FAO Liaison Office with the Russian Federation

QU Dongyu: New approach and new business model in fighting hunger

Photo: ©FAO/Anna Glukhova
07/10/2021

FAO Director-General addresses high-level forum organized by the Russian Federation’s Ministry of Agriculture

7 October 2021, Rome/Moscow – Ending hunger and building sustainable agri-food systems requires the support of all stakeholders, including the private sector, the Director-General of the Food and Agriculture Organization of the United Nations (FAO), QU Dongyu, said today.

“We need a new approach – a new business model. We must produce more with less,” the FAO Director-General stressed in remarks made at the high-profile International Agro-Industrial Forum held on the sidelines of the “Golden Autumn – 2021” Exhibition in Moscow, organized by the Ministry of Agriculture of the Russian Federation within the framework of the Agro-Industrial Complex Week.

“The agro-industrial complex successfully solves the problems of food security in Russia and maintains a course towards the creation of high-tech, modern production,” said Russian Prime Minister Mikhail Mishustin in his video address to Forum participants. “As the President has repeatedly emphasized, we fully provide ourselves with basic food products and consistently develop global markets.”

“Much is being done for the development of agrobiotechnology. Since last year, Russian agricultural universities have created 56 new varieties and hybrids of agricultural crops,” continued the Russian Prime Minister. “The legislative framework for the agricultural sector has also been substantially updated. This year, 18 federal laws have been adopted for a widest range of agricultural issues. In particular, the requirements for the creation of small cooperatives have been reduced, which should simplify the launch of small businesses in rural areas.”

Addressing the Forum, during the session on Global Sustainable Development Challenges, Dr Qu pointed out that “a few years ago, we knew that we faced a hard challenge: to end hunger by ensuring that all human beings on earth had access to the foods for them to live a healthy life. We knew that we were moving – slowly, perhaps, but steadily – towards that goal. Unfortunately, today we face a humbling reality: progress has slowed down and we are no longer on track to end world hunger in the foreseeable future.”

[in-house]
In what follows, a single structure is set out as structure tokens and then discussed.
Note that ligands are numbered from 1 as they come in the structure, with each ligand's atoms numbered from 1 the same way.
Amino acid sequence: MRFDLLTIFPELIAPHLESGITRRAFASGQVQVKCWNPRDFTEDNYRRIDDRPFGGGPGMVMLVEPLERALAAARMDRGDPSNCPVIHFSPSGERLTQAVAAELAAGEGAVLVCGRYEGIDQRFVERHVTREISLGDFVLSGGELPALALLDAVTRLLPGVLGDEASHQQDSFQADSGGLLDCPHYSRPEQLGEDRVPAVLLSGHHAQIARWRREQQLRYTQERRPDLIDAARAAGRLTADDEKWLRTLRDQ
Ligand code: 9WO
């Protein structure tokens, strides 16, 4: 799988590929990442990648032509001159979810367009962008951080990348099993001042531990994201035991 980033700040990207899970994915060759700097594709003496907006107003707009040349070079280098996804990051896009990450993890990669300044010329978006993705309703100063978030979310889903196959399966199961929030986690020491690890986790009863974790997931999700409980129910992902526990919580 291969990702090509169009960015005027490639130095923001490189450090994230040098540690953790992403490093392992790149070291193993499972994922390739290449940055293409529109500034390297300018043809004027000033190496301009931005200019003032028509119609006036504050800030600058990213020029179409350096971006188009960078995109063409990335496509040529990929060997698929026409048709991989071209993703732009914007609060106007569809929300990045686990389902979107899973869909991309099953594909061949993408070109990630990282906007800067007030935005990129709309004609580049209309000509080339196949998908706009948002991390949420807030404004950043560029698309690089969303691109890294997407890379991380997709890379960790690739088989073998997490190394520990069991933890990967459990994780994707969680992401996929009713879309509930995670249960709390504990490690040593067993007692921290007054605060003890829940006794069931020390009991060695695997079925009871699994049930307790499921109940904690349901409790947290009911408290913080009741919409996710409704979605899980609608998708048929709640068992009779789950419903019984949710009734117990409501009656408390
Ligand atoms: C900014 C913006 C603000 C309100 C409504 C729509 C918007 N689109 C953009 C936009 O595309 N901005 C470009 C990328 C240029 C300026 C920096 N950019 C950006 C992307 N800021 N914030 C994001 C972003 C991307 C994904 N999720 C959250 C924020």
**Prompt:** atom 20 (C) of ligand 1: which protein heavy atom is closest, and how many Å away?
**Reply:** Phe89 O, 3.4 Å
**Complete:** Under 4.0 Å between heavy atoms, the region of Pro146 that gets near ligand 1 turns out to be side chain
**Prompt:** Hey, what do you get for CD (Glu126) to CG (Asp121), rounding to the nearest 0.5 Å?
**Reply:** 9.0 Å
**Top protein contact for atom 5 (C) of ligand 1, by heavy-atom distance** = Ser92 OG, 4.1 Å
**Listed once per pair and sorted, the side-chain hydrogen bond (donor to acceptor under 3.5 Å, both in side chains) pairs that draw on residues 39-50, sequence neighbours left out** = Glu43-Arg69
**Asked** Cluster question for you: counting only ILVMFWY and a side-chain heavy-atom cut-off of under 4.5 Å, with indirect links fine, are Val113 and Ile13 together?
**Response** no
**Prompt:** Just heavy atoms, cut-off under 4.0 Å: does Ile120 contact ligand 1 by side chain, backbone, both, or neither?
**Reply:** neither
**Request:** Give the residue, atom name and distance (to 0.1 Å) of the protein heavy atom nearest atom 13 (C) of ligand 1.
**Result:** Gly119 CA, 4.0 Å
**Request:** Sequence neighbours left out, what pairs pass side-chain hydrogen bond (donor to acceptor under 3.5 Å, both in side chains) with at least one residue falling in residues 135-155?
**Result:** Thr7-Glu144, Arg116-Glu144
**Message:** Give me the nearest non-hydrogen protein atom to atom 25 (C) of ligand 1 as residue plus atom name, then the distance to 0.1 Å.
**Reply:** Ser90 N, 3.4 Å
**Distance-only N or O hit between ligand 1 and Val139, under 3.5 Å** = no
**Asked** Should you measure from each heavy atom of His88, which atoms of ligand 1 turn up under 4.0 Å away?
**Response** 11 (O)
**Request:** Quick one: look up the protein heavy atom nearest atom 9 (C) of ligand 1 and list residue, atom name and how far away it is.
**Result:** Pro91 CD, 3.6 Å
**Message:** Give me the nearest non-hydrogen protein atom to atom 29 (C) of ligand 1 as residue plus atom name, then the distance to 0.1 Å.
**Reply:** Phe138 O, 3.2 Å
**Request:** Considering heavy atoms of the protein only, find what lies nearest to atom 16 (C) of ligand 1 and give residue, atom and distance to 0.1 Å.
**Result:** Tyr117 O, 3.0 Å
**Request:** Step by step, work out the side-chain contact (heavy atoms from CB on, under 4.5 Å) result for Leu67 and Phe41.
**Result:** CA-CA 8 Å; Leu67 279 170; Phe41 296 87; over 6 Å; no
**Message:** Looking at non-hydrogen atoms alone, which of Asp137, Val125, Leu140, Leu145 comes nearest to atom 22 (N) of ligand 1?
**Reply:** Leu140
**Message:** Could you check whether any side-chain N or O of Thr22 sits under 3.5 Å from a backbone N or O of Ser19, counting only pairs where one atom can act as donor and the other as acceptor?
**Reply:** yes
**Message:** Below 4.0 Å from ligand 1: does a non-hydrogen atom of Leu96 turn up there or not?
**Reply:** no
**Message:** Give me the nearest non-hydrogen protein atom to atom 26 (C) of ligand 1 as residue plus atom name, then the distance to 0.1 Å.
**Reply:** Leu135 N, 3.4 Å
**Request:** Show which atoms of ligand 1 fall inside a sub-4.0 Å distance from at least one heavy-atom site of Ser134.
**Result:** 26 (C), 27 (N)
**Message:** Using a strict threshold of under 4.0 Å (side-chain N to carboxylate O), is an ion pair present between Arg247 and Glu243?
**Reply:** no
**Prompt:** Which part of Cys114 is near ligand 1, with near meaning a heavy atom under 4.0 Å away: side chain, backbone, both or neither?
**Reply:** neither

“That is real daunting issue for all of us,” proceeded the FAO DG. “Up to 811 million people were facing hunger in 2020 – an increase of 161 million since 2019. But the problem we face is not limited to hunger alone. The 2030 Agenda and the Sustainable Development Goals are much broader and deeper. While we continue to worry about ensuring availability and accessibility to food for everyone everywhere, we are also concerned about all other forms of malnutrition and their life-destroying impacts.

“The State of Food Security and Nutrition in the World (SOFI) 2021 found that the cost of access to healthy diets is more than three times greater than the cost of ensuring access to the daily requirements for dietary energy. And these costs of healthy diets are so high, that 3 billion people worldwide cannot afford them.

In addition, evidence shows that current policies, management, practices and technologies to produce enough foods will bring new negative impacts on our biodiversity, our ecosystems and the climate crisis, on our planet fundamentally.

More than 4 billion people globally are directly involved in the production, harvesting, processing, distribution, and marketing and delivery of foods. Yet the vast majority of these people are the poorest among us.

At the same time, current consumption patterns and the agri-food systems that support them have significant environmental impacts. They are contributors to high food loss and waste, air pollution, greenhouse gas emissions, loss of biodiversity, and a growing source of inequality, and generating severe human, economic and environmental costs that run into the trillions of dollars.